Hungary has received reports from several countries about the limited emergence of bioterrorism, the director-general of the Military National Security Service told a meeting of parliament’s foreign affairs committee. The Islamic State terrorist group and other organisations have called on their followers to spread coronavirus and the signs of this are prevalent in India, Egypt and the United States, Lieutenant-General János Béres told the body.
Meanwhile, army chief of staff Ferenc Korom told the committee that Hungary is still involved in 11 foreign operations with 1,200 troops. Health services have been boosted in all of those operations, he said. Hungary has evacuated several of its troops from the EUFOR peacekeeping mission in Bosnia and Herzegovina after soldiers in the mission tested positive for the virus, he said, adding that 15 soldiers were also withdrawn from Mali. Around 1,500 samples have been taken within the Armed Forces of Hungary, Korom said, adding that the coronavirus case count was in the single digits so far.
In response to a question by Zsolt Németh, the Fidesz head of the committee, about the role of the NATO Centre of Excellence for Military Medicine in handling the pandemic, Korom said the centre headquartered in Hungary was responsible for coordinating information-sharing among NATO member states. Answering a question from conservative Jobbik’s Koloman Brenner, Korom said Hungary had no plans to withdraw its forces from any of the missions they are involved in.
On the subject of organised crime rings, Béres said the criminal groups were becoming increasingly active in several countries, noting activities by the Italian mafia and similar activities in Nigeria and in the Balkans. Cybercrime is also on the rise, Béres said, citing the example of the spreading of fake news.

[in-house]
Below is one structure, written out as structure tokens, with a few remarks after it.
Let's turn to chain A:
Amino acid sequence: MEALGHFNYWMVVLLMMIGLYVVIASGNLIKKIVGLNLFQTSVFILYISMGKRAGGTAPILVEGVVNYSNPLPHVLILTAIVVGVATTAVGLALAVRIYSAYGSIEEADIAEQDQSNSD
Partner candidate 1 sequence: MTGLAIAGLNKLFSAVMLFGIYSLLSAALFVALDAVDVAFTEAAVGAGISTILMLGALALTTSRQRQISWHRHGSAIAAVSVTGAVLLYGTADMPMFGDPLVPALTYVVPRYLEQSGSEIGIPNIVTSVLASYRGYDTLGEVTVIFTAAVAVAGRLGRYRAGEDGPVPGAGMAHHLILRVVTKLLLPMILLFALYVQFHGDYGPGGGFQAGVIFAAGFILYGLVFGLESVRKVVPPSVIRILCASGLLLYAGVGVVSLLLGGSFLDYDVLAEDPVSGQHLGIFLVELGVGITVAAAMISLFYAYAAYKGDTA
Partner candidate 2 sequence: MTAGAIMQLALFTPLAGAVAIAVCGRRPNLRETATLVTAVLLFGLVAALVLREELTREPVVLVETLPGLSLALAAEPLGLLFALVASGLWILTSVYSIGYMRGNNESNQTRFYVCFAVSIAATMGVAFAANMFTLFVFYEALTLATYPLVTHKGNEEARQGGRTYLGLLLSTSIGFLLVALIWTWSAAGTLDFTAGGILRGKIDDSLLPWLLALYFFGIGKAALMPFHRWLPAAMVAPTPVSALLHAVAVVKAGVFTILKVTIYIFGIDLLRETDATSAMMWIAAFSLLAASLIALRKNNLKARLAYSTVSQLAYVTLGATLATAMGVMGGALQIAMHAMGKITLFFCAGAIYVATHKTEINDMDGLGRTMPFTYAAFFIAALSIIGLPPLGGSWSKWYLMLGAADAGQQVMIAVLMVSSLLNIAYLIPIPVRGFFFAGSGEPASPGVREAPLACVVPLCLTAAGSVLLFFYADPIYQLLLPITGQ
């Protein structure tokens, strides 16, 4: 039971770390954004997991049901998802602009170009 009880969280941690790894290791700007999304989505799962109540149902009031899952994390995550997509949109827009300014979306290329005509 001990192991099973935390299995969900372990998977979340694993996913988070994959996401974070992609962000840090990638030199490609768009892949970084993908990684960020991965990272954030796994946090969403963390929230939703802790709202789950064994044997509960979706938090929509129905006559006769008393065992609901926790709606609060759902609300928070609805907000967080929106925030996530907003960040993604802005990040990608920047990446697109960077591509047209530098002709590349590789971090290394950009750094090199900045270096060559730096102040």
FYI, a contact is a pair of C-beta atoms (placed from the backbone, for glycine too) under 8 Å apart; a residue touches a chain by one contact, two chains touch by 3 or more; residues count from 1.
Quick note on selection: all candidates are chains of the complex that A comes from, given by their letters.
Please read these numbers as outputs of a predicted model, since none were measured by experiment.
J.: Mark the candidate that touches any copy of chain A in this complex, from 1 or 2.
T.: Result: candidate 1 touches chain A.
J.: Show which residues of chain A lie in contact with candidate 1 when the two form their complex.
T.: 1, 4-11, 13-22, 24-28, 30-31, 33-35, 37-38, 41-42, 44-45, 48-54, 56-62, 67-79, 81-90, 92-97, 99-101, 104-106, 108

The national security service’s main task at present is to monitor the global Covid-19 situation and identify potential future clusters, he said. The service is also monitoring the virus’s effect on the international security environment, Béres said. The virus has so far resulted in a decrease in the intensity of conflicts in crisis zones like Iraq, Syria and Afghanistan, he said, adding, at the same time, that the situation was expected to re-escalate once the outbreak subsides. Europe, he said, also had to be prepared for a potential rise in migration pressure from the Middle East and Africa as a result of measures taken in the countries of those regions.
Several countries have also altered their military operations due to the virus, he said. Many of them have pulled their forces from Iraq after training missions were suspended there. The virus has also speeded up the withdrawal of troops from Afghanistan and many soldiers in Mali have become infected with the virus, Béres said. Many defence contractors have also suspended their operations or have transitioned to producing protective equipment against the virus, he said, adding that several manufacturers were gearing up for a resumption of their activities after the pandemic.
He noted that several countries have involved their armed forces in their epidemic response efforts, with Hungary having involved its own military in almost all areas. The Military National Security Service’s most important future task will be to monitor how the armed forces of neighbouring and other European countries return to their regular operations, Béres said.